Wash your hands (or do another rainbow project while your hand is still painted) and then cut two cloud shapes from the rest of the paper plate. Fluff up some cotton balls and glue them to the clouds, then glue the clouds to the rainbow. 


 All done! Hang your rainbow with fishing line, tape it to the wall, or display it in a window. 


 This project is great for crafters of all ages, from toddler to adult.


Thursday, March 9, 2017

Exploring Arizona Through Little Passports

This post contains affiliate links because I love Little Passports and you will too. 

Trevor had never been to Arizona, so when I traveled there for the Creativation show in January, we turned it into a family vacation. And we brought Little Passports with us. 


Little Passports was a great way to pass time at the airport. First, we learned about Petrified Forest National Park, which Trevor desperately wanted to add to our already-full itinerary. Someday! Then we learned all about the Grand Canyon. That's another Arizona destination on Trevor's bucket list. We enjoyed the photos of the wacky attractions located along Route 66. One of them is Meteor Crater, a mile-wide hole left when a meteorite hit Earth 50,000 years ago. That one is on Steve's bucket list!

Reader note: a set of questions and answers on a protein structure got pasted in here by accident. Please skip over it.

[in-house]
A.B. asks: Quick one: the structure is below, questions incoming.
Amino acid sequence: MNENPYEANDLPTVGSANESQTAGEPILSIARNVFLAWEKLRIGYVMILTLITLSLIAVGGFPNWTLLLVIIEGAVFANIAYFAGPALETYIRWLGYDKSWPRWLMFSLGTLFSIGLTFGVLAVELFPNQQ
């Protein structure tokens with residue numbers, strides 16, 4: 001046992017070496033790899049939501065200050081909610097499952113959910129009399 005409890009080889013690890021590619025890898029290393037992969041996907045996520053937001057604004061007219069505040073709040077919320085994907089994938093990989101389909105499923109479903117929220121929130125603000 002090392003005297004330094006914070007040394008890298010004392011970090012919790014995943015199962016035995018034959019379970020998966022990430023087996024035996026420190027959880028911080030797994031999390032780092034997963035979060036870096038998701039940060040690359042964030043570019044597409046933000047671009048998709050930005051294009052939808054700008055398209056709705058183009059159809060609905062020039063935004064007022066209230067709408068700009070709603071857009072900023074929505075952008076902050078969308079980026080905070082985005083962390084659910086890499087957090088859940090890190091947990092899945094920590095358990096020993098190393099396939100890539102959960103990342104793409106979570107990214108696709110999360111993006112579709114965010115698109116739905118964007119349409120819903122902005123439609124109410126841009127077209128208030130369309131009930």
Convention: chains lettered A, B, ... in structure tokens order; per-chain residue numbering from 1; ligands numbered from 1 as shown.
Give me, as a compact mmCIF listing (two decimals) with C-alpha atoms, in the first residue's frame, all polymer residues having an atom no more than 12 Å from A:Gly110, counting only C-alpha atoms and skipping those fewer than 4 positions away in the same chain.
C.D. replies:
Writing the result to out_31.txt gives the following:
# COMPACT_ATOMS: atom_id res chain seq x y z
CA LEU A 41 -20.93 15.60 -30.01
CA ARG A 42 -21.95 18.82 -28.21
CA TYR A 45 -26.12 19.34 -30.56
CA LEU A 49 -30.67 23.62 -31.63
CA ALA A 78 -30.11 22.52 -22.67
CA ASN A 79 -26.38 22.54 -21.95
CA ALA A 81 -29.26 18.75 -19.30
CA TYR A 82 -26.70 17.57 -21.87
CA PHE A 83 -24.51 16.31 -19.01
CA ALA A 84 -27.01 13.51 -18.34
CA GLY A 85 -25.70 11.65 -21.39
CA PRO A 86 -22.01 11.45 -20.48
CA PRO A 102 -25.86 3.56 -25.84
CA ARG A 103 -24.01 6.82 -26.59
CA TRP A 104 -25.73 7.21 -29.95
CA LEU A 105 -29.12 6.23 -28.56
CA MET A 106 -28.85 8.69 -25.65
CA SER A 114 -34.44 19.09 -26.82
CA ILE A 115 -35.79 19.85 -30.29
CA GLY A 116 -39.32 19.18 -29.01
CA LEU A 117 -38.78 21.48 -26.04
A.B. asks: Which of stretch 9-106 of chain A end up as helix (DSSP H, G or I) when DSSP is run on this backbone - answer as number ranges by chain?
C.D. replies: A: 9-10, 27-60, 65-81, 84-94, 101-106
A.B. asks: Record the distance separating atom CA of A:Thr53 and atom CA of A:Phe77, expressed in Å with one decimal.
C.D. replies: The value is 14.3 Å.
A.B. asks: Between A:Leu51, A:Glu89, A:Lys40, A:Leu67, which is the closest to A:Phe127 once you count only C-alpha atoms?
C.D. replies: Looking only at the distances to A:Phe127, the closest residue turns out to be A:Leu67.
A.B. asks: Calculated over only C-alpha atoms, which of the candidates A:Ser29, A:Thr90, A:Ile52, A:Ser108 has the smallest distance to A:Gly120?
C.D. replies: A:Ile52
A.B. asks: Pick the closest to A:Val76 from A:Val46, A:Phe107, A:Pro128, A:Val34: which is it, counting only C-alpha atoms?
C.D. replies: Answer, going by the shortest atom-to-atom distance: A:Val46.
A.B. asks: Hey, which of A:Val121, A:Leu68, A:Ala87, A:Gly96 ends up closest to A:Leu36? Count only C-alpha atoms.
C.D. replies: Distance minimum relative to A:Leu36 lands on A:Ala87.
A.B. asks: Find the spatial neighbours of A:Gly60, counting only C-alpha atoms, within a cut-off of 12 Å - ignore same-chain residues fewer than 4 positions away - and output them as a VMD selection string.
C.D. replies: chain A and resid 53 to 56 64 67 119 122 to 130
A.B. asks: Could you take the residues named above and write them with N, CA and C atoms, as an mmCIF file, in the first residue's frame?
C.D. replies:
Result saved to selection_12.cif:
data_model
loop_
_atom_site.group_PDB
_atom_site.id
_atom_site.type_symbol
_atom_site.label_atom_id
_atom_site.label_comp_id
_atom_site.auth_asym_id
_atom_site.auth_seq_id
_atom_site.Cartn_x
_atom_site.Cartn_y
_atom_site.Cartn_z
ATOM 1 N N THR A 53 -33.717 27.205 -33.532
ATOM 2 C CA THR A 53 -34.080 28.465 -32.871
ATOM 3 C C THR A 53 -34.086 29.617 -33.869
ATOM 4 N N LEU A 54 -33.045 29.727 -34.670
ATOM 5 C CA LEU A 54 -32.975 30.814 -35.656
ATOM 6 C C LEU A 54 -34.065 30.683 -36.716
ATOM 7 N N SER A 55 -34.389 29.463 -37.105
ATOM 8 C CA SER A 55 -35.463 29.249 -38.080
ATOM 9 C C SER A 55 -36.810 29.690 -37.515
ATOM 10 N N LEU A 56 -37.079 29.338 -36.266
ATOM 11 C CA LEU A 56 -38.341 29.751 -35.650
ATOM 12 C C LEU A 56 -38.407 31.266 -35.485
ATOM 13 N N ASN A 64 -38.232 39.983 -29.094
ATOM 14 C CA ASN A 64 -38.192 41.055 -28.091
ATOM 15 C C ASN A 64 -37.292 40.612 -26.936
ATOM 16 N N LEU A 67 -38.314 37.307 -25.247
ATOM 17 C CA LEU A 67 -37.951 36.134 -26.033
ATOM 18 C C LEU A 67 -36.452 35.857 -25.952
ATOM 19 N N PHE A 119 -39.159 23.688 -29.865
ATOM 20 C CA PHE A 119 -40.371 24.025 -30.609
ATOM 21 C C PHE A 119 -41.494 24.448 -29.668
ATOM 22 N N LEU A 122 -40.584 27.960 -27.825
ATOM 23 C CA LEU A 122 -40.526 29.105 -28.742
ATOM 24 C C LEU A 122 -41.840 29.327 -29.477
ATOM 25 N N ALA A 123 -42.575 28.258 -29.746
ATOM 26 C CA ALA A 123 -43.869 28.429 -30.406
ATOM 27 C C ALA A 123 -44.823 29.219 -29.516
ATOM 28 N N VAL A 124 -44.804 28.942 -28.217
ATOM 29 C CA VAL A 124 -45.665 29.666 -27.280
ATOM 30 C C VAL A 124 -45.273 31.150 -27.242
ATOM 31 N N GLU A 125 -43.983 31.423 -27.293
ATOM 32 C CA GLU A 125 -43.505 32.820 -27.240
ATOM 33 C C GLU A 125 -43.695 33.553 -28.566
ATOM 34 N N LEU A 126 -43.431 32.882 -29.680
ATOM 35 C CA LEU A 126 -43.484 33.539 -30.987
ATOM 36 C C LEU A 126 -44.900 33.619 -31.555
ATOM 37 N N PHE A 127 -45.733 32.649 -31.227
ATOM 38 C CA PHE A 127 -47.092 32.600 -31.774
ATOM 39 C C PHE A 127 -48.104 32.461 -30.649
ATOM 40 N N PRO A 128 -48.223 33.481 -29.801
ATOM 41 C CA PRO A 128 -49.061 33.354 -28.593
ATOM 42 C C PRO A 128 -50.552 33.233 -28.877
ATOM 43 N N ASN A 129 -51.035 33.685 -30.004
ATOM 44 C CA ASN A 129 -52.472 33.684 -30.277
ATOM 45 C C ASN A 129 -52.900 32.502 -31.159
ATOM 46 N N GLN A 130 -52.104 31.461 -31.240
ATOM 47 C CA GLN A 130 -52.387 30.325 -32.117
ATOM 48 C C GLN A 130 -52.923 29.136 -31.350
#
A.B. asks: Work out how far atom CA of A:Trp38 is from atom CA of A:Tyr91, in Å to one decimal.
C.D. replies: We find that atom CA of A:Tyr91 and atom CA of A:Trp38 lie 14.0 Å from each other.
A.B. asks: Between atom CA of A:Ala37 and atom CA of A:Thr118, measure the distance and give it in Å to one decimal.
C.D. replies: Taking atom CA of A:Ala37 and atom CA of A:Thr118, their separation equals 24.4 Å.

The activity about the different climates in Arizona was very interesting. I'm glad we were in Phoenix in January and not the summer! We read all about Arizona history and famous events that happened there. Next, Trevor followed the directions to draw a gila monster. He added a cute smile, since they are gentle (but poisonous) lizards. The activity about making shadow puppets of Arizona wildlife was neat, but that had to wait until we got to the hotel. 

We saved the rest of the Arizona Little Passports activities for when we were back home. Trevor made us delicious chicken fajitas for dinner that night. Yum!